Dear NEWGEN Supporters,
Today, the Department of Energy announced the site locations for the second phase of the Frontier Observatory for Research in Geothermal Energy (FORGE). Unfortunately, the Newberry site was not selected and our efforts to establish a geothermal field laboratory near Newberry Volcano has come to a close.
We’d like to thank you all for your support. As we embarked on this project, we received tremendous support from the local community, state and local government representatives, and industry partners.
Over the course of a year, a strong working relationship was established between members of the Newberry site proposal team – AltaRock, General Electric, Pacific Northwest National Laboratory, Oregon State University, and Statoil. While the loss of the FORGE opportunity is a setback, the NEWGEN consortium is committed to continuing geothermal research and development at Newberry and will be investigating other funding sources in the near future.
The NEWGEN Team
Hello NEWGEN supporters! We write to you today with a brief update on the Frontier Observatory for Research in Geothermal Energy (FORGE). When we talked to many of you at the Bend Summer Festival, the Department of Energy was deliberating to choose three of the original five sites to continue competing for the final round of the FORGE selection.
Unfortunately, this process has been delayed, and we’re now expecting results by the end of September. We eagerly await DOE’s decision, and won’t hesitate to post again when we find out more! Stay tuned.
One of the skills I’ve gained as a graduate student studying geophysics at Oregon State University (OSU) is the ability to visualize miles of solid rock and model the internal structure of volcanoes. This is not easy to do when (aside from a limited number of deep wells) we’re only able to access the earth’s surface. To create an image of the subsurface, we take a variety of surface measurements at hundreds of locations and create a model of the subsurface that reproduces the signals we measured. We assess the performance of the model by comparing synthetic data calculated from the model with observed data. We can use data collected from deep boreholes to directly assess model predictions.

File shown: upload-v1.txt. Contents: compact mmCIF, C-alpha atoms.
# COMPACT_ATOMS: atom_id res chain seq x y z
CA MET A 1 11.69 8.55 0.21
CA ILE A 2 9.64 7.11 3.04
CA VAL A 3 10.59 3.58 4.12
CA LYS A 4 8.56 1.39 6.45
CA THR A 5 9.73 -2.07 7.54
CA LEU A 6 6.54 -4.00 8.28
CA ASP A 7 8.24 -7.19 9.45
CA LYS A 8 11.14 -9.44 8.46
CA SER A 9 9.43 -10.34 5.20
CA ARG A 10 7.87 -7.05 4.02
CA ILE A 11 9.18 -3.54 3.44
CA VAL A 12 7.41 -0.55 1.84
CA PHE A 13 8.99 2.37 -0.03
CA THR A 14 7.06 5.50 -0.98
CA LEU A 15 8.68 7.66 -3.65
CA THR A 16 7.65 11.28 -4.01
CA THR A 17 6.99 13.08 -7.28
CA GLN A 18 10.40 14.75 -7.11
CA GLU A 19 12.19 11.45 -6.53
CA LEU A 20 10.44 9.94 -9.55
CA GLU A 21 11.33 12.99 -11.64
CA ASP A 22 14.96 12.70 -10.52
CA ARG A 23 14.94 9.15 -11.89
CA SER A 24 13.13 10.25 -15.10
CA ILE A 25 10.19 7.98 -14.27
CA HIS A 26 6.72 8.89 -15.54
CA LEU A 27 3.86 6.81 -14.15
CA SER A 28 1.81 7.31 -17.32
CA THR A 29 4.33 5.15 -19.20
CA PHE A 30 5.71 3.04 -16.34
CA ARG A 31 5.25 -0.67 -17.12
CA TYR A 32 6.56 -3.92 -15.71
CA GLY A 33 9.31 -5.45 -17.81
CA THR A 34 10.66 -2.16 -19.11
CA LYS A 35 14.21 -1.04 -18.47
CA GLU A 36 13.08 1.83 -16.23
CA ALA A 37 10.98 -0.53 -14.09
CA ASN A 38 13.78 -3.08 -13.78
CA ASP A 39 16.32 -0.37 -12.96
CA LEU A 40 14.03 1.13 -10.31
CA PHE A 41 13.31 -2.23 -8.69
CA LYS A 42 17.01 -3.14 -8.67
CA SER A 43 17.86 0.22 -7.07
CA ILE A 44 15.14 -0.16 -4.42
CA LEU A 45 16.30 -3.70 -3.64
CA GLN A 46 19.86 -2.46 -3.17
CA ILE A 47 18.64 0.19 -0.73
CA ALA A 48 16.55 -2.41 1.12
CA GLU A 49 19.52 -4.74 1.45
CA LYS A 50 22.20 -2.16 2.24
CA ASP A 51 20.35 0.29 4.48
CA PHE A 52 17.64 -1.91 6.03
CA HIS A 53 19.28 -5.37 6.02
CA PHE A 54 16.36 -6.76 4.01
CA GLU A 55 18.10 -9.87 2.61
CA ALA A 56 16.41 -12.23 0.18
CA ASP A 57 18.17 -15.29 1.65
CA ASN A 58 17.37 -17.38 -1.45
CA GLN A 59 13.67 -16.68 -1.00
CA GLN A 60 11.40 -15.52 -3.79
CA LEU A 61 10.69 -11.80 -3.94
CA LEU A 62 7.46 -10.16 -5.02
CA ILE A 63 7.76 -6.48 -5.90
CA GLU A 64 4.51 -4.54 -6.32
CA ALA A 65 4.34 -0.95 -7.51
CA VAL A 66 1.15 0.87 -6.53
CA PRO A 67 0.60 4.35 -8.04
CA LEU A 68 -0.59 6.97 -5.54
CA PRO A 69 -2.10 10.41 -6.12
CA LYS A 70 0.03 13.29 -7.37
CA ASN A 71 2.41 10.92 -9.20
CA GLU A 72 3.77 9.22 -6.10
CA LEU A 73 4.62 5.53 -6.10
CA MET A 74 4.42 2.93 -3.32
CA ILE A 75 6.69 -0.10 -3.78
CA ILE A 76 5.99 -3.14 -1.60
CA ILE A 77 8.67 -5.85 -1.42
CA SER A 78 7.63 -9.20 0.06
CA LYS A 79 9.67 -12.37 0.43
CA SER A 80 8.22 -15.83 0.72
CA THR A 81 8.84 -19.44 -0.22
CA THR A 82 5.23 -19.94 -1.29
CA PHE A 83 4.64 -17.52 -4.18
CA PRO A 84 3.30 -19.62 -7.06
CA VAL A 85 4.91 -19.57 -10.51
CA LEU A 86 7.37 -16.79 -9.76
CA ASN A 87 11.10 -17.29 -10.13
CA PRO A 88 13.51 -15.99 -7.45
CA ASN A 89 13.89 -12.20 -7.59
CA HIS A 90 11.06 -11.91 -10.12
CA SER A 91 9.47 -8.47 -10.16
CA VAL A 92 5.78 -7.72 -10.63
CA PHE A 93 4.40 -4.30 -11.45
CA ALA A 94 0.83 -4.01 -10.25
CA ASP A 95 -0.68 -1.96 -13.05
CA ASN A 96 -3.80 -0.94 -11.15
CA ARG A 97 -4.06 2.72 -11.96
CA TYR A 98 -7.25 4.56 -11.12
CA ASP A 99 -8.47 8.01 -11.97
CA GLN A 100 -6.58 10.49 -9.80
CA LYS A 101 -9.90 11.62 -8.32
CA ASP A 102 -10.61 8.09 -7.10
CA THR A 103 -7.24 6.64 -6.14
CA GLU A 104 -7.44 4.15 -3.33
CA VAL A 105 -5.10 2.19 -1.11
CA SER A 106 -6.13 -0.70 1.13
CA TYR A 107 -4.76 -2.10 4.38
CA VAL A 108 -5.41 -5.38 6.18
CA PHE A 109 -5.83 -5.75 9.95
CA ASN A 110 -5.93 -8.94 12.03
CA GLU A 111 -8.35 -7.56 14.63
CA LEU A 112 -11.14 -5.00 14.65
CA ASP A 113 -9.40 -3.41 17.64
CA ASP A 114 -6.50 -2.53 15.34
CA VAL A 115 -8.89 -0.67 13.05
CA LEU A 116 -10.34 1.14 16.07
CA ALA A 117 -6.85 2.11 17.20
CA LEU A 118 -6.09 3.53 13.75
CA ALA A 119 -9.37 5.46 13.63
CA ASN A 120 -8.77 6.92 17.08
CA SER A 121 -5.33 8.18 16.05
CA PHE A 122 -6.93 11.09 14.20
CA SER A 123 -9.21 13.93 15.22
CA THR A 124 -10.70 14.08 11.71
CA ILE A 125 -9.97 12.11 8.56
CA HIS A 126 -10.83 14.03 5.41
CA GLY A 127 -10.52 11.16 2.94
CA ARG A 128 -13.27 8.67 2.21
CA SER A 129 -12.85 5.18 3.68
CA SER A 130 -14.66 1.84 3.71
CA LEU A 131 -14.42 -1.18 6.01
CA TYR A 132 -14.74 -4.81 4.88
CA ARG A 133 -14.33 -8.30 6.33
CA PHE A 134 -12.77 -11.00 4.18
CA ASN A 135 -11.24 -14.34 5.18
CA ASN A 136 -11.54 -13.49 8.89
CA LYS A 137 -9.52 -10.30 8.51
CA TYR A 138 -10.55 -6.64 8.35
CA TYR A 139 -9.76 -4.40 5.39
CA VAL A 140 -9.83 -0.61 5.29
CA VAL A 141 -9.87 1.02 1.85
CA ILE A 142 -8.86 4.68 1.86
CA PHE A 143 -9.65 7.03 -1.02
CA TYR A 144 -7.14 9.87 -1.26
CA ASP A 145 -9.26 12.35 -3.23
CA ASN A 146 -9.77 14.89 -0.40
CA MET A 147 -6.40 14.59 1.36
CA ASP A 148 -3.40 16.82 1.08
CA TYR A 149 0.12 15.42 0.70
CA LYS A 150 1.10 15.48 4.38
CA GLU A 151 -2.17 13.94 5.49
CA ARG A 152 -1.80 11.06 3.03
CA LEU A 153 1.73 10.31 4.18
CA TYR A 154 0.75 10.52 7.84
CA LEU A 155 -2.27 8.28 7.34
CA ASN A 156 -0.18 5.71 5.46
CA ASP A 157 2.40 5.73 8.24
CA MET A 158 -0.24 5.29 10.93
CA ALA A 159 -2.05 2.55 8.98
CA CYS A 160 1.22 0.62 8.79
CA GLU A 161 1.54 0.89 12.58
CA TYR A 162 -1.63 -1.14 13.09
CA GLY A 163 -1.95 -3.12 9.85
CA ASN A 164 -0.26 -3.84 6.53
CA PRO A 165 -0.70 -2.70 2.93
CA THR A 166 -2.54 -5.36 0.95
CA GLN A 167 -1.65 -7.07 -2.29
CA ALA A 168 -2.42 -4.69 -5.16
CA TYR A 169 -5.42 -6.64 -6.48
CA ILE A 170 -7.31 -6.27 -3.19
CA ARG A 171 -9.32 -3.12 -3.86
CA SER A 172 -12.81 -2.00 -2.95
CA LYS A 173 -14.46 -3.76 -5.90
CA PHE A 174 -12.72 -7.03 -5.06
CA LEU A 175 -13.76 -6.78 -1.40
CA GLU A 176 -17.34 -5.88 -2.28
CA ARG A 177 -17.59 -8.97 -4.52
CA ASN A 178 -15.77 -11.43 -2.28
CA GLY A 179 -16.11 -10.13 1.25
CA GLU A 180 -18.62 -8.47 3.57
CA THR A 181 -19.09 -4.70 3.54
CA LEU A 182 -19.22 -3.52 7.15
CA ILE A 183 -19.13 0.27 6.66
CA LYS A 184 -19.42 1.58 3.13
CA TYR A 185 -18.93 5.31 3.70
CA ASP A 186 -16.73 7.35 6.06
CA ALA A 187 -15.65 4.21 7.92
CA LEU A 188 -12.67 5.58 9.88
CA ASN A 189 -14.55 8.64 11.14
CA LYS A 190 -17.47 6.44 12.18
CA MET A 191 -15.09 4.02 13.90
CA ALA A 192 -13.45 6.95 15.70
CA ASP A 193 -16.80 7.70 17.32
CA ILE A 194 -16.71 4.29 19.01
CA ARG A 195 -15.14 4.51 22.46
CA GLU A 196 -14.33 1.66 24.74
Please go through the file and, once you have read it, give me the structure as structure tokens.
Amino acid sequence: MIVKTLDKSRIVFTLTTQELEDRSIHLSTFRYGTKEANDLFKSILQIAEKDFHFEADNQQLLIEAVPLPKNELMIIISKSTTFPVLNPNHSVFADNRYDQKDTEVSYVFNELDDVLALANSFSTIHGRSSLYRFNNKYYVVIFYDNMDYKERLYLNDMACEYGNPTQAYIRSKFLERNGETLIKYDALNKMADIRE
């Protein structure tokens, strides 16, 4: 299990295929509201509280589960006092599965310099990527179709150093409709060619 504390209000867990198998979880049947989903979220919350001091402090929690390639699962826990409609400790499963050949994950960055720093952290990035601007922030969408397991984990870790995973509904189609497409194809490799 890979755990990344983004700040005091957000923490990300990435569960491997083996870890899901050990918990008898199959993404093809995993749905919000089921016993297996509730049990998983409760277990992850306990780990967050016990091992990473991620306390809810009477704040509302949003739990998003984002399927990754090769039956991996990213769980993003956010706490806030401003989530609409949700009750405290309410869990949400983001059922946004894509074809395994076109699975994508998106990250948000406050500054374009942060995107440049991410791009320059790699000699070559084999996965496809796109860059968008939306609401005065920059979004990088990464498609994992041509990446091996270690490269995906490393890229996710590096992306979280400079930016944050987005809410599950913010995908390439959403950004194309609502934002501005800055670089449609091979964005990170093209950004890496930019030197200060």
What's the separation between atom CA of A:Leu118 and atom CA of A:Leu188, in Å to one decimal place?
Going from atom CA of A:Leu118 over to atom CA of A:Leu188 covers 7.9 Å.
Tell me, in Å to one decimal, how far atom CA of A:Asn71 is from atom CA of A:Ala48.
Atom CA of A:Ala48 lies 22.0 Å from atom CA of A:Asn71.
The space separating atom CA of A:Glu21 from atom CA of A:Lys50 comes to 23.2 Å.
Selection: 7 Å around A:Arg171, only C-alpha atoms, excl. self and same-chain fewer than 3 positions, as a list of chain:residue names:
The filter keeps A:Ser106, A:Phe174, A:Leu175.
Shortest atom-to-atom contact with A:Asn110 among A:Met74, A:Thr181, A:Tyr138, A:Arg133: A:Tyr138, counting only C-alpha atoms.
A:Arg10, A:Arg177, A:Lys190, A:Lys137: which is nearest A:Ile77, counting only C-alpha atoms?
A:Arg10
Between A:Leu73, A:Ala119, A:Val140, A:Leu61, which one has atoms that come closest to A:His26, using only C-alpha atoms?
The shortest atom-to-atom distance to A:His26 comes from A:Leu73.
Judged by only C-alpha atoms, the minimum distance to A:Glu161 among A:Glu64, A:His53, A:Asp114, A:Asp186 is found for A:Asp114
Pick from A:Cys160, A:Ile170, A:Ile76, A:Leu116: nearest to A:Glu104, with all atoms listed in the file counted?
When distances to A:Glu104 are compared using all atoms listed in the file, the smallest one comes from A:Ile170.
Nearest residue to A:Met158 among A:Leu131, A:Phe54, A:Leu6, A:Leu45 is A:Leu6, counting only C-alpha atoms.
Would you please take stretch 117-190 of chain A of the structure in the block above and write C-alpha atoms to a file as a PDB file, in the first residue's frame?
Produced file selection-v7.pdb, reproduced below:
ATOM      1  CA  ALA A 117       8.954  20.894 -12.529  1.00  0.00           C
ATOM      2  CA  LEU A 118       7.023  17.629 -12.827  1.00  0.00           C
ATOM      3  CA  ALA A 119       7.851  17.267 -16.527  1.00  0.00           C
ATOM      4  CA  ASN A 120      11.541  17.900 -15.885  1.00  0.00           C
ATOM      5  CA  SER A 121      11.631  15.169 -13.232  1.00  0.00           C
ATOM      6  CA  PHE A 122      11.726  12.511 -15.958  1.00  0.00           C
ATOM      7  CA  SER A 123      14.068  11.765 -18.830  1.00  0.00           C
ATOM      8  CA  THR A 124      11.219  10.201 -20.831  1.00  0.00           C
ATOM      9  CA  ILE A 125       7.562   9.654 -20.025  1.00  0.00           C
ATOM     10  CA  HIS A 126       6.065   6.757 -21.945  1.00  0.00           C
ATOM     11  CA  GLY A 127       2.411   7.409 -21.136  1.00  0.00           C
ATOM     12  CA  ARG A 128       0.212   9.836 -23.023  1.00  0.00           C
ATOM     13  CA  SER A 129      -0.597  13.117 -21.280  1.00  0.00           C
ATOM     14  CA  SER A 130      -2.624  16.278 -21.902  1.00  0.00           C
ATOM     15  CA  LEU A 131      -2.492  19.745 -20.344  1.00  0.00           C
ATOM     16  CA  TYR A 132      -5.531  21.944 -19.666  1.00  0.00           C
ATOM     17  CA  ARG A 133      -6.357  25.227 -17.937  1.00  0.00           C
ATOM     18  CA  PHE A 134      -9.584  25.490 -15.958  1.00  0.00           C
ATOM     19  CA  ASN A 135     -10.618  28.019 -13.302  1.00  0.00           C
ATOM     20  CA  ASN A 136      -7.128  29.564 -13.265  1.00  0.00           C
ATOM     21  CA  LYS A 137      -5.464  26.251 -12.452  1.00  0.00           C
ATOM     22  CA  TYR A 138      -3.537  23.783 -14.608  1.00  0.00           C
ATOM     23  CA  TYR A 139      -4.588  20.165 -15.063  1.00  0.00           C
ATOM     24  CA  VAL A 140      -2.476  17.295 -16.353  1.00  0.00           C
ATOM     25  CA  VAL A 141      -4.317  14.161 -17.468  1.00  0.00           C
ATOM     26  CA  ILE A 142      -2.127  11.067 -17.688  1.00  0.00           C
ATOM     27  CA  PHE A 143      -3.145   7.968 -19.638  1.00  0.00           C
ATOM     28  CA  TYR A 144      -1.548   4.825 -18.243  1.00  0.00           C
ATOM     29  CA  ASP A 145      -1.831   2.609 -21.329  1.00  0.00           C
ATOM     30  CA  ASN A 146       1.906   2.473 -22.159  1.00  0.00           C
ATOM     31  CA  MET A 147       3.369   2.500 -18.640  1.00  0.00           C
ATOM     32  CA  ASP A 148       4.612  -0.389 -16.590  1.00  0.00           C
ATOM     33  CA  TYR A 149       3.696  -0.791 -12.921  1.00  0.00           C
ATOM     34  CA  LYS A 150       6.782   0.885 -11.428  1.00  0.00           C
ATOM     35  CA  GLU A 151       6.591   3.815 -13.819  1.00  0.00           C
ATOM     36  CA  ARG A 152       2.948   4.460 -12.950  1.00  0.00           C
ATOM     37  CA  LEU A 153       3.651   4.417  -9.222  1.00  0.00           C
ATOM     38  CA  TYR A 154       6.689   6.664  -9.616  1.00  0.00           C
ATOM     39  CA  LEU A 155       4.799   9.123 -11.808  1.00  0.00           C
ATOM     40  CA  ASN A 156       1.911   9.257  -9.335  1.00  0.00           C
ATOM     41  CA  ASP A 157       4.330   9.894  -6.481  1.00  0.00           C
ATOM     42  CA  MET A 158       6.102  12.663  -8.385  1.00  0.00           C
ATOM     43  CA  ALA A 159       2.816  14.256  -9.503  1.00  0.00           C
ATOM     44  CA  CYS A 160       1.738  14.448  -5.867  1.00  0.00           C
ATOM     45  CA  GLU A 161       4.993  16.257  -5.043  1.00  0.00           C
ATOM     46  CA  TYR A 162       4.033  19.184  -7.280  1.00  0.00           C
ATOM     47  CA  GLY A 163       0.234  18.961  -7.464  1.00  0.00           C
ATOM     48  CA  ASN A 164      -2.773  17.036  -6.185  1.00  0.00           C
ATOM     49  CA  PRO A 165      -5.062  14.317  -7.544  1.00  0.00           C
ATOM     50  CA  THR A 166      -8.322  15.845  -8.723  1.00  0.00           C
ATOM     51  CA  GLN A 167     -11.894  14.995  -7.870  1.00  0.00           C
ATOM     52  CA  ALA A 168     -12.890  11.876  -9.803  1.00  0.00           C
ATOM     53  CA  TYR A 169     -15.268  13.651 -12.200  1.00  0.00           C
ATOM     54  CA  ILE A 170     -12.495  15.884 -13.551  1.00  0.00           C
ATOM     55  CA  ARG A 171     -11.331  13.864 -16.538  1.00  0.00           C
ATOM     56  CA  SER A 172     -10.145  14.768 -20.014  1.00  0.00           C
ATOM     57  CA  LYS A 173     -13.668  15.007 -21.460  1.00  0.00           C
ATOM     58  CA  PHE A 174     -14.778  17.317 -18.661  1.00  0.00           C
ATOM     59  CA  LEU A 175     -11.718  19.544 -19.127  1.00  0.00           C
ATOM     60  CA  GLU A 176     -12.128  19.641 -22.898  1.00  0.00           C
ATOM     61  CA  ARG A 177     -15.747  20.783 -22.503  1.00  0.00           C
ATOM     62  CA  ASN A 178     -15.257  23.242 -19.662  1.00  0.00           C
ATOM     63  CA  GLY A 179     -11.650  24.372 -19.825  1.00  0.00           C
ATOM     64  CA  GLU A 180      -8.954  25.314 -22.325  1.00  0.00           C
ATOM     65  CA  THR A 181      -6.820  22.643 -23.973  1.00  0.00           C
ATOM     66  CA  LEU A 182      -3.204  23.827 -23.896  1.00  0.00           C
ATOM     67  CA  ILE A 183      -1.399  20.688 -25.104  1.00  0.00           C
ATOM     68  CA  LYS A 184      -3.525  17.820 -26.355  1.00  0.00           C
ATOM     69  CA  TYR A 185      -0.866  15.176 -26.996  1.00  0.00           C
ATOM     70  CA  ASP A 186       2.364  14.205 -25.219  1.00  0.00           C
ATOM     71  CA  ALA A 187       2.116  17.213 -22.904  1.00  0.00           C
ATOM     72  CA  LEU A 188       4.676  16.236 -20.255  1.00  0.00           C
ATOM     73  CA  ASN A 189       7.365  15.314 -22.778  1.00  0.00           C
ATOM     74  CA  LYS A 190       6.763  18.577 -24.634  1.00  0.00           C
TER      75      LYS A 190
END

At the Newberry Volcano, we are very fortunate to have an enormous amount of data to constrain our models. There are over 40 years of extensive geophysical and geological surveys, information from four deep wells and numerous boreholes around the Newberry Geothermal Energy (NEWGEN) area. This extensive set of data allows us to create an accurate representation of the subsurface.
Some of the geophysical data used at Newberry come from small variations in the strength of the Earth’s gravity caused by variations in the density of rocks, differences in how fast seismic waves move through different types of rock, how much the ground surface is moved when fluids are injected deep underground, characteristics of tiny earthquakes that have been detected in the area, and how electric current flows through different materials underground. My focus is on the electrical properties of Newberry, where we use a geophysical method called magnetotellurics (MT).
Researchers at OSU have developed data processing tools that are used by scientists around the world to create models of the earth’s electrical resistivity, not only at geothermal sites, but also in tectonic studies of continent-scale geologic structures. I use these tools to determine what parts of Newberry are more electrically resistive and more conductive, which tells us about the composition of the subsurface. It is especially sensitive to the presence of fluids that fill permeable areas of the rocks, as well as to the presence of clays and various minerals that may indicate the presence (past or present) of fluids circulating underground. Sensitivity to this kind of target is really important to our goal of locating where the rocks at Newberry are hot and dry.